Using Your Trading Checklist

Last updated on January 6th, 2021

Using a checklist as you go about your trading routine is just smart business and is something you should get used to doing.

After you’ve had experience trading, it will often times become more of a reflex.  Being “in the flow” can be a good thing but there is always the chance that something gets missed.

When something in trading is missed too often that can help you in your trading day, you may find yourself not having the success you once had.

There is a simple way to ensure that even the most mundane yet important factors are not being missed that can affect your day trading strategy, and that is through the use of a basic checklist.

 

Improve Performance With A Checklist

Some of the best things you can do to improve your trading (and life in general) are often the simplest.  Yet because they’re the simplest, they’re often disregarded and not valued.

People  are quick to look for complex solutions when they really do not need to. Ensuring that the basics are done well is the foundation which everything else should be built upon.

Think of packing for a trip or picking up groceries.  We’ve all had it where we forgot to pack something or pick up an ingredient we need.

Those are simple things that will have little consequence but in trading, it could end your account.

It’s a simple thing that those who are responsible for hundreds of lives do every day.

 

Airline Pilots Understand The Value Of Checklists

In trading, one of the most obvious but most important ideas is to know what is going on at any given point in the trading day and not either being taken by surprise or ‘forgetting’ a particular aspect of the market which may have bearing on a trading decision.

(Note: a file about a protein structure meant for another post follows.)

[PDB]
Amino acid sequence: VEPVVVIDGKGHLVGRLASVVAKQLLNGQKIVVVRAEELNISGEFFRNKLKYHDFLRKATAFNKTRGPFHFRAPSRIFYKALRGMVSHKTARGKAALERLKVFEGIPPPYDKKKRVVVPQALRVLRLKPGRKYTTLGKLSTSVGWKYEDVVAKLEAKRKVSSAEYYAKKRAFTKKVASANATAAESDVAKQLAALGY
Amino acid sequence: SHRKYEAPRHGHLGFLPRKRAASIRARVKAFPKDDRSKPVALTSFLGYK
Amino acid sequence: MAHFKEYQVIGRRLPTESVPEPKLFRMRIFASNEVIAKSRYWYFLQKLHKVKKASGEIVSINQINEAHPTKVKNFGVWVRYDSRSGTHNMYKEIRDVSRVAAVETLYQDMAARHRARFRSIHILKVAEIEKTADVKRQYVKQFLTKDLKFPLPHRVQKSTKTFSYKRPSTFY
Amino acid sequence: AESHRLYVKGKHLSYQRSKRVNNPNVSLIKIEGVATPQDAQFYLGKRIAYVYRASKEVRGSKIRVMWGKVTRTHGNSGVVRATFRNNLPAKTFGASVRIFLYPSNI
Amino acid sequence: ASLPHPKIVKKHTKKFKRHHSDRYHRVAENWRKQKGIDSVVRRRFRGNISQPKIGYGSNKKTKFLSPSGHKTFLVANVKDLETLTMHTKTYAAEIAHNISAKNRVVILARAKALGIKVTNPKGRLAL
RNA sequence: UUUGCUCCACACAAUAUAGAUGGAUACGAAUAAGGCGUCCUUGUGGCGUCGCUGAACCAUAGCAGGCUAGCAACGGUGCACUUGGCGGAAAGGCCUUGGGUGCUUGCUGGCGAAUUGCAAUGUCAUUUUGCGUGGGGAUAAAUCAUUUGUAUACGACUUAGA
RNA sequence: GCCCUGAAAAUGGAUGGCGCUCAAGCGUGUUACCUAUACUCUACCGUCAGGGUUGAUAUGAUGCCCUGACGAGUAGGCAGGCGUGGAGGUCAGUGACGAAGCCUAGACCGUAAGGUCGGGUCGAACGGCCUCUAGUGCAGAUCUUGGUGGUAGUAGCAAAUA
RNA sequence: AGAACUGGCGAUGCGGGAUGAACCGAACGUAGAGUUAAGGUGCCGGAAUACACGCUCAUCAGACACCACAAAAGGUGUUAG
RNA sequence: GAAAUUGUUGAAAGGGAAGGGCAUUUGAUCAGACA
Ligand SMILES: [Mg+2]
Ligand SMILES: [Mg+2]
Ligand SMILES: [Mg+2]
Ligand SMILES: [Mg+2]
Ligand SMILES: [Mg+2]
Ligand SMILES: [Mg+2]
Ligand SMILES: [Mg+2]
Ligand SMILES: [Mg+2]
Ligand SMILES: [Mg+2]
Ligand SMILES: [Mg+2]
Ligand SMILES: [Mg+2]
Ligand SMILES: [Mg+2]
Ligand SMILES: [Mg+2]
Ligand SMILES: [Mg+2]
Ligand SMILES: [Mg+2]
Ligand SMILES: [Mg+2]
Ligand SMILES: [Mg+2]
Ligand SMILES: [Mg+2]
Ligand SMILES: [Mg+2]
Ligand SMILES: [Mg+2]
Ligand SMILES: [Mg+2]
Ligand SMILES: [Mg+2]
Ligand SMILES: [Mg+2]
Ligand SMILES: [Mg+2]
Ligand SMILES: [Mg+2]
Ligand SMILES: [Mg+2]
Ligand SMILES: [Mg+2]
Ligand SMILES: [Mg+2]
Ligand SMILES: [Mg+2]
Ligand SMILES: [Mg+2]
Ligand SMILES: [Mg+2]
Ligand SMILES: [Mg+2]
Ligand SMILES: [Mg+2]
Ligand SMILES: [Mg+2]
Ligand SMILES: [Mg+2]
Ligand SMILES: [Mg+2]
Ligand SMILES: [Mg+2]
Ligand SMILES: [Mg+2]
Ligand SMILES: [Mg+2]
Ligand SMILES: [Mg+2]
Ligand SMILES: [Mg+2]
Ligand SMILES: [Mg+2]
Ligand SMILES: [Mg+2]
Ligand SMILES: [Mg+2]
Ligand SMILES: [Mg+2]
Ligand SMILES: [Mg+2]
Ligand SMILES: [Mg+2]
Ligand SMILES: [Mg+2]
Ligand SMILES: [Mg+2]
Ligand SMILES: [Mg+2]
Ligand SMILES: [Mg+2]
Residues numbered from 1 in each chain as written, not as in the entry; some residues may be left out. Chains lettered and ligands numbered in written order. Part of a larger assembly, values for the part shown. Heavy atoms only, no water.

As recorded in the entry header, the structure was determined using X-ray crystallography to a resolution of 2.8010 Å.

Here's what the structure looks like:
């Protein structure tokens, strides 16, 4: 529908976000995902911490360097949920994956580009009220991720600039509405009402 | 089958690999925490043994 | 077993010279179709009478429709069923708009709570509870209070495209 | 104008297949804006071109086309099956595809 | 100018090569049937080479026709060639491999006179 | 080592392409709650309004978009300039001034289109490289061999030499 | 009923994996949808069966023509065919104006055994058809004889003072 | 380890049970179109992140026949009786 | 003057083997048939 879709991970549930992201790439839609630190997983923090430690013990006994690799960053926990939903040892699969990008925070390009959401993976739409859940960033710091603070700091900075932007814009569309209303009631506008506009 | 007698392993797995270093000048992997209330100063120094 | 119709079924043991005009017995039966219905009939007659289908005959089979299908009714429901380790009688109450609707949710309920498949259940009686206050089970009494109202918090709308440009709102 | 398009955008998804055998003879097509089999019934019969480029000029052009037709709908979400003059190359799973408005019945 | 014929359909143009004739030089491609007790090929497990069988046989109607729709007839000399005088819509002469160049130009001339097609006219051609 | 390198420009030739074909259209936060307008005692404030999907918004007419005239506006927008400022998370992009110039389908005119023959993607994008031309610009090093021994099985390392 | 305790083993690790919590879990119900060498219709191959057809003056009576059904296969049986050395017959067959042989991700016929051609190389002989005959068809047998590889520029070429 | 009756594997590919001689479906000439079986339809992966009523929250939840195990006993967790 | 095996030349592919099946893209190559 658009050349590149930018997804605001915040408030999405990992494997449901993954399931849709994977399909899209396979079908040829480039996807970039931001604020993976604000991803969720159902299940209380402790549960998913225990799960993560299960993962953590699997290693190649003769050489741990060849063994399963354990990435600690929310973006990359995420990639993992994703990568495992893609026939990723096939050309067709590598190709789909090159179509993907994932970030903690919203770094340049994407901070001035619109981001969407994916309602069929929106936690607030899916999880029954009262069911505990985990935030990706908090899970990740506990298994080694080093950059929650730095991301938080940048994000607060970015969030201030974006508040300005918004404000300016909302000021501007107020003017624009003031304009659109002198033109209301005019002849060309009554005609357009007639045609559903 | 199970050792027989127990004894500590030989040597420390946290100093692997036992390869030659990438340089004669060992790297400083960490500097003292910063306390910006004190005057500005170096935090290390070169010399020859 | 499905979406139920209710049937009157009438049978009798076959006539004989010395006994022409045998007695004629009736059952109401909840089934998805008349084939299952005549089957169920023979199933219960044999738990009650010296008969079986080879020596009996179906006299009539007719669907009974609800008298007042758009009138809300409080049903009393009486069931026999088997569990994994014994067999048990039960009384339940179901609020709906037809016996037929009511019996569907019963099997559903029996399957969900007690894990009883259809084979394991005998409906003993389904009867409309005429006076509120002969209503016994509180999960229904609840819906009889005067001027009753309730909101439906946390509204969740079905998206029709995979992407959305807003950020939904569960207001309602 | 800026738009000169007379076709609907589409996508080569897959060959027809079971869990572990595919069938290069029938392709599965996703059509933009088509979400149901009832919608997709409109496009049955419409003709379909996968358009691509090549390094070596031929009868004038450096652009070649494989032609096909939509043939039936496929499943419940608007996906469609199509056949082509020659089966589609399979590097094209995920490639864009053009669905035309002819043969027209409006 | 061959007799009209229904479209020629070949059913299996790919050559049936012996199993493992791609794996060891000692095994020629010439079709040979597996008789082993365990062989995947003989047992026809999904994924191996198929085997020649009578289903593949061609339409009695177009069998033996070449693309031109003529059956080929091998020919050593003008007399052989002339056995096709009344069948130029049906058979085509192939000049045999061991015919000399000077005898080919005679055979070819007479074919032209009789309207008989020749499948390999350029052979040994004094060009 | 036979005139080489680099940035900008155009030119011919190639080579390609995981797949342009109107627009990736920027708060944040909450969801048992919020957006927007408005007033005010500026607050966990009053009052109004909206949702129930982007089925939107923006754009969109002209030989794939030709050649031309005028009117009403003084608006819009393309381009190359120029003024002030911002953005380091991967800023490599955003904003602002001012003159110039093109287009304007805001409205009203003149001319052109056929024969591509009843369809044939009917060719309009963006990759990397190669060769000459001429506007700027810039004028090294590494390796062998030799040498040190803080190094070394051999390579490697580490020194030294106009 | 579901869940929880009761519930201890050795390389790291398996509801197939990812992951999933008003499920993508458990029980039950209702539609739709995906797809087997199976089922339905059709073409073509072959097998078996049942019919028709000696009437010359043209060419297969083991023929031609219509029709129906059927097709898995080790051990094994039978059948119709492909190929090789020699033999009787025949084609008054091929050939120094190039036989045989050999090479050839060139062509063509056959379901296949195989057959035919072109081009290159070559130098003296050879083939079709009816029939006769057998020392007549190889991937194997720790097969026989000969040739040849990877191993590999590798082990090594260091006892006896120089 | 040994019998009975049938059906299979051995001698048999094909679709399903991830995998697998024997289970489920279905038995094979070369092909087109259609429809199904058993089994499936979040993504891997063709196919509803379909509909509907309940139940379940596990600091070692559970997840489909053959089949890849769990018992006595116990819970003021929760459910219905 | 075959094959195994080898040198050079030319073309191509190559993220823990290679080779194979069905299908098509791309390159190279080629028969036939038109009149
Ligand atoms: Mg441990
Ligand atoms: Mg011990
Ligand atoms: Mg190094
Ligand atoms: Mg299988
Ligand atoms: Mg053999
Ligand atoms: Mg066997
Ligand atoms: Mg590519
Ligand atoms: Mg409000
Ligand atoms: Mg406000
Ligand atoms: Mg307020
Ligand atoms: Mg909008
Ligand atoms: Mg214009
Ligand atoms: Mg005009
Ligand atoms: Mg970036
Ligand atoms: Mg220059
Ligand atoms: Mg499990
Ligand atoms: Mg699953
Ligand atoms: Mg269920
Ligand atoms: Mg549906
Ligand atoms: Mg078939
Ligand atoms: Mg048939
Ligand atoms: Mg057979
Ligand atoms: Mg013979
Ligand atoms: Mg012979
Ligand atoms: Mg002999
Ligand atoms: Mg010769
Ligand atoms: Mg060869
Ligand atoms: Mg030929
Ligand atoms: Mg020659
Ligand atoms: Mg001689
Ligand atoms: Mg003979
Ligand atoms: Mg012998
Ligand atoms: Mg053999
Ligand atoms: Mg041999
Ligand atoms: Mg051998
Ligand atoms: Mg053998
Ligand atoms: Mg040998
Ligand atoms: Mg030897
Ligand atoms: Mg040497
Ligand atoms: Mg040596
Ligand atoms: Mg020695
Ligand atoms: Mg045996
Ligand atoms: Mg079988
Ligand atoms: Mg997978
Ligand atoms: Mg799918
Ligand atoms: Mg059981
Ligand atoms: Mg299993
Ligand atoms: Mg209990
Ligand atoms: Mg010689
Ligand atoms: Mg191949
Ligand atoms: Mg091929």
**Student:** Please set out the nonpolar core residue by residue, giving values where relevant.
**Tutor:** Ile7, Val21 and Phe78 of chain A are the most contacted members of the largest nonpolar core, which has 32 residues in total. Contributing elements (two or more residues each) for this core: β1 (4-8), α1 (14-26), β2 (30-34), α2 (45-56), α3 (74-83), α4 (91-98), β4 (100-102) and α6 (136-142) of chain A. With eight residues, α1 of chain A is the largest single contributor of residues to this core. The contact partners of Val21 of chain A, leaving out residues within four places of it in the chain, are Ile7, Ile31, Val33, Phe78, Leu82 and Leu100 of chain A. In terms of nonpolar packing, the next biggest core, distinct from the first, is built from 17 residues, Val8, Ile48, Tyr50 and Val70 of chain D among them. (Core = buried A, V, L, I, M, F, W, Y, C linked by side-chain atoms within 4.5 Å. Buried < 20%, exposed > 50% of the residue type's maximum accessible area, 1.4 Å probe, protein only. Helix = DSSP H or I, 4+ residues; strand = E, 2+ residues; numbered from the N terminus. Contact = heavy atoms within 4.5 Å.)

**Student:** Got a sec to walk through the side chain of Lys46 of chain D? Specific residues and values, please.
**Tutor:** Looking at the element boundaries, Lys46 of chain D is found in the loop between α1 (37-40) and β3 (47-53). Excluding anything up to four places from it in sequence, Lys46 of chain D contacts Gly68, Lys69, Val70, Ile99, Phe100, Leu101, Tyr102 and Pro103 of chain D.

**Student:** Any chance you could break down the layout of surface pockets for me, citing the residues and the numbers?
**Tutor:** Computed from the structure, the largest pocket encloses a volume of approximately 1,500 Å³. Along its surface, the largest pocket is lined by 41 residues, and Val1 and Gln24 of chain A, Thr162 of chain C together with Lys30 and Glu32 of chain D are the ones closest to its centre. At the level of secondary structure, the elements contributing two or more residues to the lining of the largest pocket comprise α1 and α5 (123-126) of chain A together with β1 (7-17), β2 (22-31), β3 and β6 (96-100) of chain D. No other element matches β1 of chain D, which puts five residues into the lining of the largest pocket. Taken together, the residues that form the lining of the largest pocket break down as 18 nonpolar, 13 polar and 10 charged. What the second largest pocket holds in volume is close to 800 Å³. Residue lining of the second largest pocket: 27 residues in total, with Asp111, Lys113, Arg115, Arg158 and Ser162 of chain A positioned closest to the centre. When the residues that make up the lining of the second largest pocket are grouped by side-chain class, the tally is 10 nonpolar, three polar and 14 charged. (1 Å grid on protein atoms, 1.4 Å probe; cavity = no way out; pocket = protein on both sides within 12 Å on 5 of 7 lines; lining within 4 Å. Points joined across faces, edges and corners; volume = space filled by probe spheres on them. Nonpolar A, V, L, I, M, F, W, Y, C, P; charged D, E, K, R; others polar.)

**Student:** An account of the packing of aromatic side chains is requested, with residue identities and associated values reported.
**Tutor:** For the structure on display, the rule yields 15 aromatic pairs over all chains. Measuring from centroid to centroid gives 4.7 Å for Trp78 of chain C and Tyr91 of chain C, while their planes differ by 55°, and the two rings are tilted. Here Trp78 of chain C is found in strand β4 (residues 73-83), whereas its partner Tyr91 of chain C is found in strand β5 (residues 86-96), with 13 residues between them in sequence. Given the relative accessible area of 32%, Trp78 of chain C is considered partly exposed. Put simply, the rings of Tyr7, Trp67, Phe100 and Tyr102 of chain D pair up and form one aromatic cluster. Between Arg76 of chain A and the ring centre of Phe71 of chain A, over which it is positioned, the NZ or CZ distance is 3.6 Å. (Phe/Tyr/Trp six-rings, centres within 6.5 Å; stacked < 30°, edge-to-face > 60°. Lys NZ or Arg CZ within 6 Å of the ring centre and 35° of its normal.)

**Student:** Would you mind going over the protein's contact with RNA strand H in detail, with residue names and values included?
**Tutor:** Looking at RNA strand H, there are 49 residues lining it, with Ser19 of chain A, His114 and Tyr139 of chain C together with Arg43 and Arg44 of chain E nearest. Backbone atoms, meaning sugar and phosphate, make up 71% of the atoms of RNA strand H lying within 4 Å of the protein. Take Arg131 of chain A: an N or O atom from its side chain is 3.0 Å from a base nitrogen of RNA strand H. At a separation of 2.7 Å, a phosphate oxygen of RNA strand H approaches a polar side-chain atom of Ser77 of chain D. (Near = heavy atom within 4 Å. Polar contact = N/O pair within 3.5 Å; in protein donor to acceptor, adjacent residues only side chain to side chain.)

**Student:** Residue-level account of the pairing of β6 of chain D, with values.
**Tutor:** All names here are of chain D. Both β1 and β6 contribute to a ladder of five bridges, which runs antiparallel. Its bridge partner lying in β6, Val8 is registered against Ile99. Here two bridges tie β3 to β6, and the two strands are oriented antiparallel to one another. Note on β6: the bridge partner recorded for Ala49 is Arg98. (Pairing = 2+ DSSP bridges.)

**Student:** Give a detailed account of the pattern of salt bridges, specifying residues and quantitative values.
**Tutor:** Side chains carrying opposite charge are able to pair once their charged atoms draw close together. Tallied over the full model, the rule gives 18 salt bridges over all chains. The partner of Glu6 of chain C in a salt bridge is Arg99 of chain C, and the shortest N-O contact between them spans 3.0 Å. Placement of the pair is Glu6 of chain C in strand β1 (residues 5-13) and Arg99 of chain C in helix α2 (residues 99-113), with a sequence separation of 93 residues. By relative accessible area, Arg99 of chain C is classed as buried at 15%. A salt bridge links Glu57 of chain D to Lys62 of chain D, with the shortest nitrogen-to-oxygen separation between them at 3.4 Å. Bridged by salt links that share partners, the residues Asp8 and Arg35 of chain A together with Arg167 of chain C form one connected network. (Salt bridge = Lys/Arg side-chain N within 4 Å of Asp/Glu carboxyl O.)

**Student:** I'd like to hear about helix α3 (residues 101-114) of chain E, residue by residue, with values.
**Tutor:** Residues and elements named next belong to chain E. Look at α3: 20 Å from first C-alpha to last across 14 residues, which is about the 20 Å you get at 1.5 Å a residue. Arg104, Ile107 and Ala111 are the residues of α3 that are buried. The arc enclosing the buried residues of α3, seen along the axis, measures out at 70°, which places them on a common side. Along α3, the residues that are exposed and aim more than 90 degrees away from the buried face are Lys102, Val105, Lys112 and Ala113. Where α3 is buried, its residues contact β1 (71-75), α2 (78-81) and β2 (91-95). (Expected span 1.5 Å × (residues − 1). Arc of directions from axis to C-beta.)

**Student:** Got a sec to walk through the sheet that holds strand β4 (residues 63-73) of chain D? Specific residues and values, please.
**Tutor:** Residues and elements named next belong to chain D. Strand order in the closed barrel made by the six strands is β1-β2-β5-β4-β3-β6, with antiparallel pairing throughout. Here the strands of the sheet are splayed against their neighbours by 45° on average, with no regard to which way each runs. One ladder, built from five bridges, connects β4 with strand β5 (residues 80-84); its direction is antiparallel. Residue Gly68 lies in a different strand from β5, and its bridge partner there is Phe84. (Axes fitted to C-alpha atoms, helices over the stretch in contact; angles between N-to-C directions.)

A simple, well written and thorough checklist can help you to remain on top of all that’s around you.

Imagine if an airline pilot decided to do the run through of all their instruments by memory alone.  Even after decades of flight experience, the checklist is gone through to ensure that everything important to the flight has been checked.

When day trading, knowing which economic releases are due out, the current market condition and important technical references are all potentially pivotal to your success each time you trade.

Trading too close to NFPs (non-farm payroll) or buying in an aging uptrend close to an important technical resistance level for example, are not things which are going to help you in your quest to making it as a professional trader.

However, they are not especially difficult obstacles to avoid.

 

Can A Trading Checklist Improve Your Results?

Consistency in trading is vital to success and a checklist is a step by step approach to ensuring you are consistent

  • A checklist is a means to ensure you do not forget anything.
  • A checklist is a point of reference for important observations.
  • A checklist can reveal patterns where you may have missed them.
  • A checklist can make you much more organized and allow you to complete tasks more quickly.